Volkswagen is close to pleading guilty, held in a diesel emissions scandal and has to pay 4.3 billion US dollars as penalty to the US Justice Department. This deal would resolve a federal criminal probe into its deceiving on emission tests of vehicles.
Late Tuesday, the German automaker announced that its negotiations with the authorities had advanced and the draft settlement involved $4.3 billion as fine in addition to a VW admission of guilt. The agreed penalty implies that the total costs related to the emissions-related scandal are likely to cross the 19.2 billion US dollars set aside by the company to tackle the problem. Earlier, VW had agreed to a fifteen billion dollar civil settlement with the US environmental authorities and car owners.
The vehicle checks in the US on the levels of pollution prompted the automaker in Sept. 2015 to acknowledge that it had integrated undisclosed software in many diesel vehicles to deceive the exhaust emission tests.
The supervisory board is scheduled to meet today to approve the draft criminal and civil settlement, according to sources in Washington and from the headquarters of VW. Due to this settlement, the company could be needed to cooperate with the probes into individual company staff, fuelling the pace of the cases.
The guilty plea by VW could probably weaken the ability of the company to defend itself against probes by state attorneys, and against proceedings introduced by shareholders who accuse the company of waiting very long to reveal the financial risks of its emissions scandal.
This is a milestone in global scandals. The current VW settlement with the Justice Department would forestall the inauguration of Donald Trump (the president-elect of the US) on Jan. 20 and could add up to a milestone in getting over its biggest corporate scandal.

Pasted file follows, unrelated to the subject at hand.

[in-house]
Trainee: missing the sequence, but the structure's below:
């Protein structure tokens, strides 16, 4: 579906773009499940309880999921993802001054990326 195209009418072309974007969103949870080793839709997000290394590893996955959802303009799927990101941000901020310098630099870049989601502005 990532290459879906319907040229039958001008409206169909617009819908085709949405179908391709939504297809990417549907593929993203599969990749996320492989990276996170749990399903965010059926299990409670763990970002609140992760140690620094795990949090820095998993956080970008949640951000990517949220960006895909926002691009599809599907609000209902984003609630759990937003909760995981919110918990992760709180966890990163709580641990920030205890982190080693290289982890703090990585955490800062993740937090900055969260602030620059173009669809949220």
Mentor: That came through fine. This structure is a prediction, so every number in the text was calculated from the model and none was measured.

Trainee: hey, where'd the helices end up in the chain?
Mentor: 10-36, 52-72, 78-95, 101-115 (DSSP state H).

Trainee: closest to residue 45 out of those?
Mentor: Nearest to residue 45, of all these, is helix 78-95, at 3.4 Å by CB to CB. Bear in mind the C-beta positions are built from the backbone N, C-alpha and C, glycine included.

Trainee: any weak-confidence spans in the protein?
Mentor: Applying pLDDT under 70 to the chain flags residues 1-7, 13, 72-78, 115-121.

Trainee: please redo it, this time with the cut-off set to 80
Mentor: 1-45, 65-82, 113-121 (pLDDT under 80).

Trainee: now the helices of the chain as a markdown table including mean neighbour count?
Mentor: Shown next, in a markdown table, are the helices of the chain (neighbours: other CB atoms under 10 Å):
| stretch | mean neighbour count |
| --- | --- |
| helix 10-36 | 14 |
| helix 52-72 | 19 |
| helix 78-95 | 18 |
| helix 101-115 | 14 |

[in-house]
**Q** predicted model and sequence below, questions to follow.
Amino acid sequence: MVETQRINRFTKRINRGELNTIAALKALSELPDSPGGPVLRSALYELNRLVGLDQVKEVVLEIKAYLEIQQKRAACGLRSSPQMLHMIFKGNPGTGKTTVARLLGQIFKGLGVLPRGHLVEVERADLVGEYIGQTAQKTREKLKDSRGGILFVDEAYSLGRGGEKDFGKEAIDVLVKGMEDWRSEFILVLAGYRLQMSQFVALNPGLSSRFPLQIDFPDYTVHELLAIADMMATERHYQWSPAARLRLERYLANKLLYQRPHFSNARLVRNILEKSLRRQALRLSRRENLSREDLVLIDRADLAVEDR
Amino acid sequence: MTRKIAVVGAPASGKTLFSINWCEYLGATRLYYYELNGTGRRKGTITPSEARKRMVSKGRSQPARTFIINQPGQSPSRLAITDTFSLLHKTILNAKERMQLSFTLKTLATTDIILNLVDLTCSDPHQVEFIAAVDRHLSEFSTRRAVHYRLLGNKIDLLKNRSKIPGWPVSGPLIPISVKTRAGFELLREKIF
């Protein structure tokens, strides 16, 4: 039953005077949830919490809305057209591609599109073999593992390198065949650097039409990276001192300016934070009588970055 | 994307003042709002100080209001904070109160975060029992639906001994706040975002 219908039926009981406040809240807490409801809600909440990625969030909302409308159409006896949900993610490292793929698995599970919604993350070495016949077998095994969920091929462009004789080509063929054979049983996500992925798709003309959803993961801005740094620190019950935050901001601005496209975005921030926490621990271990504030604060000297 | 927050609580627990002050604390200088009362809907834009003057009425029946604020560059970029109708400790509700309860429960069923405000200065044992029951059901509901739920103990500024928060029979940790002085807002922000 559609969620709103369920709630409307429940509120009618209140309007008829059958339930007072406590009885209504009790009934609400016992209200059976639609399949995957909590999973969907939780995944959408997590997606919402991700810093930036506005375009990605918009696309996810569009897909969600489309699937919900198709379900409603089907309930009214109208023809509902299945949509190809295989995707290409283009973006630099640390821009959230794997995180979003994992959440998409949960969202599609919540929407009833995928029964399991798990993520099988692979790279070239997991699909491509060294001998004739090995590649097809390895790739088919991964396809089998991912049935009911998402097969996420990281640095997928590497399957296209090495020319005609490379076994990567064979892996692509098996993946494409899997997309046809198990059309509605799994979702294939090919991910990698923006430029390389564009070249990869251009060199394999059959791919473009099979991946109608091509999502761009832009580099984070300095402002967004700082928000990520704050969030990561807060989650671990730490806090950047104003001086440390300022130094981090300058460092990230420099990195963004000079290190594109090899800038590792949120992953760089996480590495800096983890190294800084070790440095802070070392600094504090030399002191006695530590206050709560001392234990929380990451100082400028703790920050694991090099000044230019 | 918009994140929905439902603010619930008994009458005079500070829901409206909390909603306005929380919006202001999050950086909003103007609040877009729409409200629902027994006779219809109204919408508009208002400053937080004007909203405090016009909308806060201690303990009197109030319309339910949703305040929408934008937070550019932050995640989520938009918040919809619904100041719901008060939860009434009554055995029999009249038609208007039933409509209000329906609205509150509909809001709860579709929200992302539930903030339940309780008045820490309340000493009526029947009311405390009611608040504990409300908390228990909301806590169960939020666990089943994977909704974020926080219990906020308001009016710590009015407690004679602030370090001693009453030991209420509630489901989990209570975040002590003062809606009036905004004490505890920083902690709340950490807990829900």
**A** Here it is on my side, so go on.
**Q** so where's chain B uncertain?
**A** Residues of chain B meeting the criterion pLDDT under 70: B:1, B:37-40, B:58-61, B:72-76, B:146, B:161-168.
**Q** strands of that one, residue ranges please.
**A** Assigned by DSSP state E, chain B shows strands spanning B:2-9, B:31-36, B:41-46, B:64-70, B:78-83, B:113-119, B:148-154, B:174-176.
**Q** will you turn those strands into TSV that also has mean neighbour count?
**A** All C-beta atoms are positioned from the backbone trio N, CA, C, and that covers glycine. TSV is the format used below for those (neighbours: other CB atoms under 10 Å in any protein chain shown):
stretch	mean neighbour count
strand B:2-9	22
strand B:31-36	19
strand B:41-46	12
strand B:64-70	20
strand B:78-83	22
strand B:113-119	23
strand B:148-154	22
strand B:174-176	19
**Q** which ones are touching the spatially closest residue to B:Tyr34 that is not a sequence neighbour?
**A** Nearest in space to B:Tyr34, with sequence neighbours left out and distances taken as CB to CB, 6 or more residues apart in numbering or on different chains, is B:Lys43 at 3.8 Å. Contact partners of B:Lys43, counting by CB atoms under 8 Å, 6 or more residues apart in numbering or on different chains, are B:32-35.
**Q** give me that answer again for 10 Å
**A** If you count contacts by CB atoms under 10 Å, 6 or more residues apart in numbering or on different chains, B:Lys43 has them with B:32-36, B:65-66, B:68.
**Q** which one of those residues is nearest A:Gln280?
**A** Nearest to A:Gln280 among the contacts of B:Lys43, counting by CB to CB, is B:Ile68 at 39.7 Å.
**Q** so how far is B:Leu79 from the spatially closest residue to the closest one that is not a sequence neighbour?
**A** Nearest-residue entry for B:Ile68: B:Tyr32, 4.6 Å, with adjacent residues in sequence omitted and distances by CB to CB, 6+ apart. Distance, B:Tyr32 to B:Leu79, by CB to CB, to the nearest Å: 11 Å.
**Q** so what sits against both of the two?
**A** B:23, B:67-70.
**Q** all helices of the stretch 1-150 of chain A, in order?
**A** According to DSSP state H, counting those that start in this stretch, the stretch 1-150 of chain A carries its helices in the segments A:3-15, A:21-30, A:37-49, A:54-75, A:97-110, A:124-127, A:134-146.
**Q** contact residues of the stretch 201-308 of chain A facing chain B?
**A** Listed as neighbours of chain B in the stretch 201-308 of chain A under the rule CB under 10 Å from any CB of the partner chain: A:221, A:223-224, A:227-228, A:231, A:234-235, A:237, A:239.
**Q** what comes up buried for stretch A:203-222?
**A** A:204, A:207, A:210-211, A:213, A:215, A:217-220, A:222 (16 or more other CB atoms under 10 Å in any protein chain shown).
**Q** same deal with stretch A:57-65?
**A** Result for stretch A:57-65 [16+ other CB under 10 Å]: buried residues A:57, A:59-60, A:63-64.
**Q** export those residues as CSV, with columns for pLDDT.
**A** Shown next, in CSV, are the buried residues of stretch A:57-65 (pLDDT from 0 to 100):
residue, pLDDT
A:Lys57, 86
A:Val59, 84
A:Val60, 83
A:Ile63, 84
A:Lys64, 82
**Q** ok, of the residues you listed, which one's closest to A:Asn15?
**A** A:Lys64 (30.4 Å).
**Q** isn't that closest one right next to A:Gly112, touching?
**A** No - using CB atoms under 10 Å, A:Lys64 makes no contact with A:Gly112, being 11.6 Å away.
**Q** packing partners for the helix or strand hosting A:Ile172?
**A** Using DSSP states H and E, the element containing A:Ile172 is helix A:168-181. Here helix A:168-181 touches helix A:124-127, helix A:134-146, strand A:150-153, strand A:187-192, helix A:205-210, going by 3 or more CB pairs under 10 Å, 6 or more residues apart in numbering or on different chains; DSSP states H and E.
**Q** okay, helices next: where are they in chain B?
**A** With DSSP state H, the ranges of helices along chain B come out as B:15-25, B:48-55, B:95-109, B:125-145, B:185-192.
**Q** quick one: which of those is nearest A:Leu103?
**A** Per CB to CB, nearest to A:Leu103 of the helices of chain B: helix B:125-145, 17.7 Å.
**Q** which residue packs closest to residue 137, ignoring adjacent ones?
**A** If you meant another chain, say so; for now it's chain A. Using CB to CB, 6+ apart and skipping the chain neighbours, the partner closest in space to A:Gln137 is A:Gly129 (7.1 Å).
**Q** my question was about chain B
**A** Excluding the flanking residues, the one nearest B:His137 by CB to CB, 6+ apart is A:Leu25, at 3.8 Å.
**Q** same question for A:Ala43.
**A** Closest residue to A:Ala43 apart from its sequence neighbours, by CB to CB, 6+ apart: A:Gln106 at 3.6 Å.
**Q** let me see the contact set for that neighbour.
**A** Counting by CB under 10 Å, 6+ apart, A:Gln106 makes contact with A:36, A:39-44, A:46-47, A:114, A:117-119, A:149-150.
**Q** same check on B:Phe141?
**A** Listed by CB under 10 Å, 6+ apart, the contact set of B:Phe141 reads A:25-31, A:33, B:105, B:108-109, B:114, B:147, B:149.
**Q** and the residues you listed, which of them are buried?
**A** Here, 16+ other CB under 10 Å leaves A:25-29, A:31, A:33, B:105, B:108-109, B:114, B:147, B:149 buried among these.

As for the total number of vehicles integrated with the manipulated software, there could be around eleven million units around the world. The installed program decreases emissions under testing, though turns off under the actual driving conditions.
The settlement details, which need the approval of the management of the company and its supervisory boards, were given by the automaker in a financial disclosure yesterday. In this disclosure, VW said that the money set aside by them for the scandal costs would not be sufficient to cover up according to the latest settlement.
On Monday, there were rumors that the executives of the company knew that the cars were integrated with the software to give out exemplary pollution readings two months before this scandal broke out, though they opted not to reveal it to the US regulators. The US started probing into the company only after a research by the West Virginia University revealed that VW’s diesel cars caused more pollution on the streets than during the official emission tests.